Six healthy college girls were selected as subjects, each two of them belonged respectively to obese, ordinary, and lean type, of each type one being tall and the other short in height. Besides ordinary biometrical measurements, center of body gravity, body density, basal metabolism, relative metabolic rate (RMR) of walking and Step Test, and some components of blood and urine were measured. The greatest difference between the obese and lean typed girls was found in skinfold, the former being several times greater, and the next remarkable differences were seen in circumferences especially of thigh, abdomen and upper arm. The basal metabolism per kg, body weight was markedly lower nearly by 40% in the obese than in the lean, whereas expressing per unit of body surface or of fat-free mass there was little difference between the two types. RMR in speedy walking showed a distinctly higher value in the obese than in the lean, though a little difference was observed in low speed walking. RMR in Step Test of the obese girls was higher as much as 50% than of the lean girls. Though no difference was seen in specific gravity of whole blood, serum cholesterol concentration was much higher in the obese and 17-ketosteroid excretion per day per kg. was also farely more in the obese than in the lean girls.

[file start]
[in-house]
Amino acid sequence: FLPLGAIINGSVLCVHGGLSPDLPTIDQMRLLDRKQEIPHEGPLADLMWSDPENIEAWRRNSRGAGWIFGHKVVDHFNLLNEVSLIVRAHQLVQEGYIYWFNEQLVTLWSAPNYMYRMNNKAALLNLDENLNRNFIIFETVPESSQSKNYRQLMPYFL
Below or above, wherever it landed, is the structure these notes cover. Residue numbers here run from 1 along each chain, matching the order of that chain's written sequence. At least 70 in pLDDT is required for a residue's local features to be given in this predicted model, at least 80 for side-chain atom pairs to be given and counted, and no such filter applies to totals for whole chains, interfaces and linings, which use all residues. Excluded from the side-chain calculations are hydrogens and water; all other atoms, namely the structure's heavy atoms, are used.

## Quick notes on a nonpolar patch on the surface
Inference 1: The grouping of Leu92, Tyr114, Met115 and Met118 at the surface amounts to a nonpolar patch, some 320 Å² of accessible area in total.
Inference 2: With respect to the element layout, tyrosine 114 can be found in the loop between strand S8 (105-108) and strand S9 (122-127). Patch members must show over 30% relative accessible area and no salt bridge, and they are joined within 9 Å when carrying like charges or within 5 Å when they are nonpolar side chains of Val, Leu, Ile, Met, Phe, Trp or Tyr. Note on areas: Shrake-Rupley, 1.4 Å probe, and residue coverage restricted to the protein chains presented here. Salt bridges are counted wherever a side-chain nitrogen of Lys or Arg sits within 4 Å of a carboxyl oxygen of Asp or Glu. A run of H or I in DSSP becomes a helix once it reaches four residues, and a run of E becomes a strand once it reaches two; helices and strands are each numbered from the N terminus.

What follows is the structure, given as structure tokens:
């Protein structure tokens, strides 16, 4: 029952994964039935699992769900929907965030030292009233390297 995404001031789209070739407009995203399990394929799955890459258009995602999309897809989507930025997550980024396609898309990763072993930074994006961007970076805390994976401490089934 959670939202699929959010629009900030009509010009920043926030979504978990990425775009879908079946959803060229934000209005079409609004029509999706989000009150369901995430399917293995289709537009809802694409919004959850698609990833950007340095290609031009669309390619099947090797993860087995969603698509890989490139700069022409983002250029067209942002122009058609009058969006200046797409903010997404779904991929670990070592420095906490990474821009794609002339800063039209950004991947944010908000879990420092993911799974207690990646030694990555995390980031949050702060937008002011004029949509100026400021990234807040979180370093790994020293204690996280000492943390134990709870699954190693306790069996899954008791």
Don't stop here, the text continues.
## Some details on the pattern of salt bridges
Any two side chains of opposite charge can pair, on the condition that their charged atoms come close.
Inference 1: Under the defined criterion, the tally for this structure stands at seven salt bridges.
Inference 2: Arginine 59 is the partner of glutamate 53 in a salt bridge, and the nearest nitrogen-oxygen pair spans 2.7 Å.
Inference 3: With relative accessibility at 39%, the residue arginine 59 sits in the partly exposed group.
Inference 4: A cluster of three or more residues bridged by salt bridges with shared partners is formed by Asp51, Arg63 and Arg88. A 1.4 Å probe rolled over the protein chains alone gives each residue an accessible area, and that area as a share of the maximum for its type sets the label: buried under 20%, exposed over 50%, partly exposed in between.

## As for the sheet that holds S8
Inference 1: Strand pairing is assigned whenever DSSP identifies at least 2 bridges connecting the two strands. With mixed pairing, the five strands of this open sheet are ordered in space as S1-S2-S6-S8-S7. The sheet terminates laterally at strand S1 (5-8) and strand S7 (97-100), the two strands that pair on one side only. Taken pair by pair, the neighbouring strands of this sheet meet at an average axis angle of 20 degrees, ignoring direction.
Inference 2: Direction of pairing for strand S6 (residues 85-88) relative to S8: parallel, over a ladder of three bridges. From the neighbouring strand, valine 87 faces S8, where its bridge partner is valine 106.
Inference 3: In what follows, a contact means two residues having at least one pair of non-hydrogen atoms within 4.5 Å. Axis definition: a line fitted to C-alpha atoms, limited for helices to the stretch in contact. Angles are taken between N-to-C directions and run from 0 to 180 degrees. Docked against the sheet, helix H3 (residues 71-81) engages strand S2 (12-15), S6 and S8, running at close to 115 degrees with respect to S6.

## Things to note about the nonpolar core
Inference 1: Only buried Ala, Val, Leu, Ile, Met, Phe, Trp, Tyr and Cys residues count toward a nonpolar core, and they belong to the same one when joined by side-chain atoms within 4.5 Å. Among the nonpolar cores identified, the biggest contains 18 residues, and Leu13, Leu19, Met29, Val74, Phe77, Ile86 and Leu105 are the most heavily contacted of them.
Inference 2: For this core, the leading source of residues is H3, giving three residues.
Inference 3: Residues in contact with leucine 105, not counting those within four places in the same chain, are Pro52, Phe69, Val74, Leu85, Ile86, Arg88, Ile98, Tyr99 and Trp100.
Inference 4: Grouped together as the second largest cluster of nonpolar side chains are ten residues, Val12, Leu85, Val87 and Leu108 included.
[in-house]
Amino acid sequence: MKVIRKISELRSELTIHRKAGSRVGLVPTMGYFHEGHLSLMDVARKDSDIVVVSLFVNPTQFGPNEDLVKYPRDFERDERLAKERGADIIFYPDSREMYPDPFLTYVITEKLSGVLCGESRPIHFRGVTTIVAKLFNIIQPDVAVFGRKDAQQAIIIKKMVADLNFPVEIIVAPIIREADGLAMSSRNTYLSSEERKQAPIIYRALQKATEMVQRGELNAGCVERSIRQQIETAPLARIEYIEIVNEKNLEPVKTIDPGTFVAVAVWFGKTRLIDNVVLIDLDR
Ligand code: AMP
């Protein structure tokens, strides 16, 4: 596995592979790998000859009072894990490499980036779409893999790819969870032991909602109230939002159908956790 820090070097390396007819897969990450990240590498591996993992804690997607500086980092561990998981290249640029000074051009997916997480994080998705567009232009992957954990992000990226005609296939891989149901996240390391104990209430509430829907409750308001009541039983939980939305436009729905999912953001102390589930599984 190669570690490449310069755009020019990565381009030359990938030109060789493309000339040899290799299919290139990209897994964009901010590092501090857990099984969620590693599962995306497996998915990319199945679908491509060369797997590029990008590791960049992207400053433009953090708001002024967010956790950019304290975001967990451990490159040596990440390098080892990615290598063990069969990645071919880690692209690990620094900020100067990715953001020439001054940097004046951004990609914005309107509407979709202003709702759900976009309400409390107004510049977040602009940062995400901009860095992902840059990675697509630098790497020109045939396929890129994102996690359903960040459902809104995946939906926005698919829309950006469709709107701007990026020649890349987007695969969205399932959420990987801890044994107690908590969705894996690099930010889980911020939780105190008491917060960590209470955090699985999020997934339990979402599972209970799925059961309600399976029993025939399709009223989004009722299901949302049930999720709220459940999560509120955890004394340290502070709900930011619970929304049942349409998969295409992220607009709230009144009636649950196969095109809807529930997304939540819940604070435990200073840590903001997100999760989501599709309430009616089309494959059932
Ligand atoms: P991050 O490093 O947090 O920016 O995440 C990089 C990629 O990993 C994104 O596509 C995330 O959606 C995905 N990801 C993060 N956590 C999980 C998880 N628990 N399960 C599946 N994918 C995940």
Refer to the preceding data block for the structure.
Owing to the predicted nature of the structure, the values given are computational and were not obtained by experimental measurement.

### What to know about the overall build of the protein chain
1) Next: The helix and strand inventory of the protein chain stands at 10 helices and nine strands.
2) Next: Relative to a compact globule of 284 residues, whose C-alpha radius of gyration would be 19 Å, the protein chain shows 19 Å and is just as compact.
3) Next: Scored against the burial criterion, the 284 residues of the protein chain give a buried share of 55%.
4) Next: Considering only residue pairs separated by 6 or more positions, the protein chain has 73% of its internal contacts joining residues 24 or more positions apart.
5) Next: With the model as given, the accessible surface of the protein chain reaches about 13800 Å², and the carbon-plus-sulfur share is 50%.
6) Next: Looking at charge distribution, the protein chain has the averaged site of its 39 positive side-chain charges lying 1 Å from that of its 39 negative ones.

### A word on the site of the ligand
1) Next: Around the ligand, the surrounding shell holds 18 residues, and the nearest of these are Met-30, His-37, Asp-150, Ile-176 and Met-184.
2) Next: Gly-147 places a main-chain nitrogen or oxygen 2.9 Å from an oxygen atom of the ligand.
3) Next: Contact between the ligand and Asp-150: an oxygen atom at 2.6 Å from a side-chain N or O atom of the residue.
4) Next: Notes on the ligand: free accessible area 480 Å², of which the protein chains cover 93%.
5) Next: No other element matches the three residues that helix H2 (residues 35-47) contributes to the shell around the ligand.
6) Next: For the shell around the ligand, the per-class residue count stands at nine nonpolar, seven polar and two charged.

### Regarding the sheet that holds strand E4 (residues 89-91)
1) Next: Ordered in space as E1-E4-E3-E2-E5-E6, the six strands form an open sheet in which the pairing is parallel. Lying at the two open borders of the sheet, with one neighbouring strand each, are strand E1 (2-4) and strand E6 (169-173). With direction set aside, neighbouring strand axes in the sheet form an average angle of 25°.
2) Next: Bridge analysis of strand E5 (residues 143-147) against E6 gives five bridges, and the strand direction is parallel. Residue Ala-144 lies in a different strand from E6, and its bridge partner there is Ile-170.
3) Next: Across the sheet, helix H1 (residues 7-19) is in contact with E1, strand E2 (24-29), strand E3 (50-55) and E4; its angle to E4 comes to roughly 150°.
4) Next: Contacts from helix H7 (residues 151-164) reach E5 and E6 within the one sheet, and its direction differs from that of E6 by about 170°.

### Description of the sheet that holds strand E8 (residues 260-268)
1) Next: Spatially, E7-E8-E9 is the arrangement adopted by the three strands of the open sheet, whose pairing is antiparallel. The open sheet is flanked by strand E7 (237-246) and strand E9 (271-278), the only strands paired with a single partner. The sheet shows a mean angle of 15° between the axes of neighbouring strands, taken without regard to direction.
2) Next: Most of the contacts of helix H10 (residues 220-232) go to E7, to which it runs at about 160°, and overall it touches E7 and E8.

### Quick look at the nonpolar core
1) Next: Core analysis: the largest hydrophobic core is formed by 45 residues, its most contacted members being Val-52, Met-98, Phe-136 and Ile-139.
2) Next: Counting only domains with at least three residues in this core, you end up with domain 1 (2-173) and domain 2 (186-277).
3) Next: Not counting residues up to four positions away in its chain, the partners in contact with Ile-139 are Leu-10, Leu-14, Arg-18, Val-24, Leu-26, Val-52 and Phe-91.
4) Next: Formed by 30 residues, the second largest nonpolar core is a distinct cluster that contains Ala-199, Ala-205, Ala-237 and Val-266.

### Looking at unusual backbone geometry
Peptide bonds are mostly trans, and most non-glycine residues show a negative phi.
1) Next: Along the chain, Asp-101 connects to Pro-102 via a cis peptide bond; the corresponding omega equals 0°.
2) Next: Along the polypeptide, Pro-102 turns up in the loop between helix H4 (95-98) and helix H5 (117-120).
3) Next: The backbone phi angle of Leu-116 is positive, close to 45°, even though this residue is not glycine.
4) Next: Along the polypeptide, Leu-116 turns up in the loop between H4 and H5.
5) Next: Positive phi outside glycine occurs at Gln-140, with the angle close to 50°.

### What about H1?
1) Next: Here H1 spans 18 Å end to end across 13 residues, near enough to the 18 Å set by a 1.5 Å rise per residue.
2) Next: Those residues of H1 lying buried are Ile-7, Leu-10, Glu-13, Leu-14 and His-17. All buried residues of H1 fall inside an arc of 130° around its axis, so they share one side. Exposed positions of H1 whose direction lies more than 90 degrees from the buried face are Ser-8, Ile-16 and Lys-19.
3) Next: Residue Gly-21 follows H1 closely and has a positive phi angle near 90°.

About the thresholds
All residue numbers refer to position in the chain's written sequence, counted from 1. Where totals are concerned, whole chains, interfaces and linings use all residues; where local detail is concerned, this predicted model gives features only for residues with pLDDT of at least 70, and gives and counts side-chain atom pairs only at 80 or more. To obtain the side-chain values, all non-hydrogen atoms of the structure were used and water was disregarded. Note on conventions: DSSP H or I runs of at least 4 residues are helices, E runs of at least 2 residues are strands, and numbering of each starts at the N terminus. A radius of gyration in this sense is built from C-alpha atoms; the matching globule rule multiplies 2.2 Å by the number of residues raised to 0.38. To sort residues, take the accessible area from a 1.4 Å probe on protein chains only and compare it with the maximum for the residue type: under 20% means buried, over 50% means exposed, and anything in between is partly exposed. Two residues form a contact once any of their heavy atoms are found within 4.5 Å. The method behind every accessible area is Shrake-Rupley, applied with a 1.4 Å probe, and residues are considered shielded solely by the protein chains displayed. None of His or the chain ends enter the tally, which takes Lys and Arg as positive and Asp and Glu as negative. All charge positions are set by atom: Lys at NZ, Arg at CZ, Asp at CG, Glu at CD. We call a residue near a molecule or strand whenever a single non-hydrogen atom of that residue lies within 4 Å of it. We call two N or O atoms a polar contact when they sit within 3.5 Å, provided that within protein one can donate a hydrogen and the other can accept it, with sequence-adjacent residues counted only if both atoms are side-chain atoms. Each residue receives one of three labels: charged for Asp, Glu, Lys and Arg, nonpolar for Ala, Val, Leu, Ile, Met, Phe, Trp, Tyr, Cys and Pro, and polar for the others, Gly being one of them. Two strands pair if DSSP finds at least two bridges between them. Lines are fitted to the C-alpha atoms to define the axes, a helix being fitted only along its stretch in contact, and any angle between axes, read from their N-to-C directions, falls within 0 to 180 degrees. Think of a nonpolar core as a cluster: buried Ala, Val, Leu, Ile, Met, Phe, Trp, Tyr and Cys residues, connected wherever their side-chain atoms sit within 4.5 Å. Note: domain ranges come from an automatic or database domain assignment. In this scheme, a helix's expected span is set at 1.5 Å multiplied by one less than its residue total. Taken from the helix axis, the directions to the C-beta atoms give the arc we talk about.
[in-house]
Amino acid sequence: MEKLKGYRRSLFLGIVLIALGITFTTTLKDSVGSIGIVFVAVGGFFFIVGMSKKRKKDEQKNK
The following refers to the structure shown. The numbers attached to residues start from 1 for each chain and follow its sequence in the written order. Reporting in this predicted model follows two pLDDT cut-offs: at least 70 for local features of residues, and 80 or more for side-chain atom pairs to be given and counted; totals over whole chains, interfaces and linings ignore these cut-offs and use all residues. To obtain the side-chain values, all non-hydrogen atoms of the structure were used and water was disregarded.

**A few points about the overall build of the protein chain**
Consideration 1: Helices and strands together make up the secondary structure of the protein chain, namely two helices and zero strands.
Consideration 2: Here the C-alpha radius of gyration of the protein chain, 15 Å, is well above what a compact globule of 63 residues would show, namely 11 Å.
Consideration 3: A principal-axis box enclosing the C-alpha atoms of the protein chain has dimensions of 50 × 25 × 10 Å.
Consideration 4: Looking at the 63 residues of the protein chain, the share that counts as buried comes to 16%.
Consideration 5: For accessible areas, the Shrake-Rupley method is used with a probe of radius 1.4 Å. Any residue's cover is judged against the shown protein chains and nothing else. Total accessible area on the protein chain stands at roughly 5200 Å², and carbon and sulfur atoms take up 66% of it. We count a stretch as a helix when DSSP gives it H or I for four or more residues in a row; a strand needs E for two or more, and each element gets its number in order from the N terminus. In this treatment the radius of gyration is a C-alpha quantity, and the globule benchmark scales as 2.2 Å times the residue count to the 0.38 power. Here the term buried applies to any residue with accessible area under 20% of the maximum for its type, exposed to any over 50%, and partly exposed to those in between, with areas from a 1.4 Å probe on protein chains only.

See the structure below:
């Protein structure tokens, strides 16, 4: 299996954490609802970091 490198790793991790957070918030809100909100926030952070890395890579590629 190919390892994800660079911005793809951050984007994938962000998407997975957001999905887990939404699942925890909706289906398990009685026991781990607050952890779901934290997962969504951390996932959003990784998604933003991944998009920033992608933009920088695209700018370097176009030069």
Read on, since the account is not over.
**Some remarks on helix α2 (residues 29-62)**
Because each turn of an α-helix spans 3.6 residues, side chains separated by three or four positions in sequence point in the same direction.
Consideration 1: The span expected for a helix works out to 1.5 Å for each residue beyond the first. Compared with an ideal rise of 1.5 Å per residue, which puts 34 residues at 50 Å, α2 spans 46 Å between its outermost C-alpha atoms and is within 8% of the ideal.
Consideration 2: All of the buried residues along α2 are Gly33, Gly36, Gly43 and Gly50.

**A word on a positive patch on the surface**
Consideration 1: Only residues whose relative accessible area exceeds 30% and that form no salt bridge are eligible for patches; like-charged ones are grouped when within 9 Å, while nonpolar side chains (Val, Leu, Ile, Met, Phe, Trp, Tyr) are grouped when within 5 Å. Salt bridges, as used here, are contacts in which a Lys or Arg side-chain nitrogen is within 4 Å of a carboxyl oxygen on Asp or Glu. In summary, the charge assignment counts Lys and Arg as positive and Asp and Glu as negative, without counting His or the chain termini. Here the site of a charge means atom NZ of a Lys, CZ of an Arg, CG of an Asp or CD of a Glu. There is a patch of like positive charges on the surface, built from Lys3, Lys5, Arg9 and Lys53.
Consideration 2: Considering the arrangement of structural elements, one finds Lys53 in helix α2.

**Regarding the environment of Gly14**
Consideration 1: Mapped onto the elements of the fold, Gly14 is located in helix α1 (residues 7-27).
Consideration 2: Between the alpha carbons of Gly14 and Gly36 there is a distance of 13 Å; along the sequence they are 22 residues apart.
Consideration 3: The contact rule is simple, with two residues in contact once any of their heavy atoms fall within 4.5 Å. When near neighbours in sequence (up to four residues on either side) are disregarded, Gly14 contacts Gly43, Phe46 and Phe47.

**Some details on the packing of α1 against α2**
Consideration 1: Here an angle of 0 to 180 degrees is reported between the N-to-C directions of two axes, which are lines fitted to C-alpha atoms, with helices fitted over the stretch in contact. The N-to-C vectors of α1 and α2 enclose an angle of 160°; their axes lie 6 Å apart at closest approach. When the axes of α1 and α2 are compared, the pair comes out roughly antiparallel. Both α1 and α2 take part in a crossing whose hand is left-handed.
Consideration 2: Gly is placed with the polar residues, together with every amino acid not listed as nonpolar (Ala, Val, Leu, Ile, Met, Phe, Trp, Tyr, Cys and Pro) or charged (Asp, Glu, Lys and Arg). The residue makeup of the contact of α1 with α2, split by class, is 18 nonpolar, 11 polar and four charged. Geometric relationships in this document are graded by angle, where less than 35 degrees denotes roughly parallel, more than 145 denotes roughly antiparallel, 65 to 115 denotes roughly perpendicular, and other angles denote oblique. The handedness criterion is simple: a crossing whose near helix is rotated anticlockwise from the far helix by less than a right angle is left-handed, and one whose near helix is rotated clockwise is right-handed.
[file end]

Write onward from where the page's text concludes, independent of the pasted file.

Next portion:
The dietary intake of the firemen was investigated at the four fire-brigade stations in Tokyo in March, 1964. The average energy intake was about 2, 500 Cal., and protein intake was 81g. per head per day, which were over the all-Japan average. Calcium and vitamins, however, were less intaken than the Standard Dietary Allowances, and their diet was not always in good balance. Comparing the intakes of the four brigade stations with each other, there were some local differences, some being high in energy and others high in protein. When they were grouped according to their dwelling, those from home were in better dietary condition than those living in the dormitory, and accordingly the younger firemen's intake were inferior to the elder's. There was no distinct difference in their nutrient intake between the duty day and off-duty day though their activity in the duty day must have been much heavier than in off-duty day. There was no paralleled correlation between the energy intake and expenditure (which was reported previously by Suzuki, et al), but presuming from these data the firemen's average daily calorie consumption, including those of duty day and off-duty day might be 2, 500 Cal. or about, and this value well coincide with the average value of their intake. From the above results it is clear that the improvement of the firemen's nutritional status is an urgent problem, since their daily living schedule is very specific. For this purpose the employment of the system of group-feeding most appropriate to those brigades is desirable.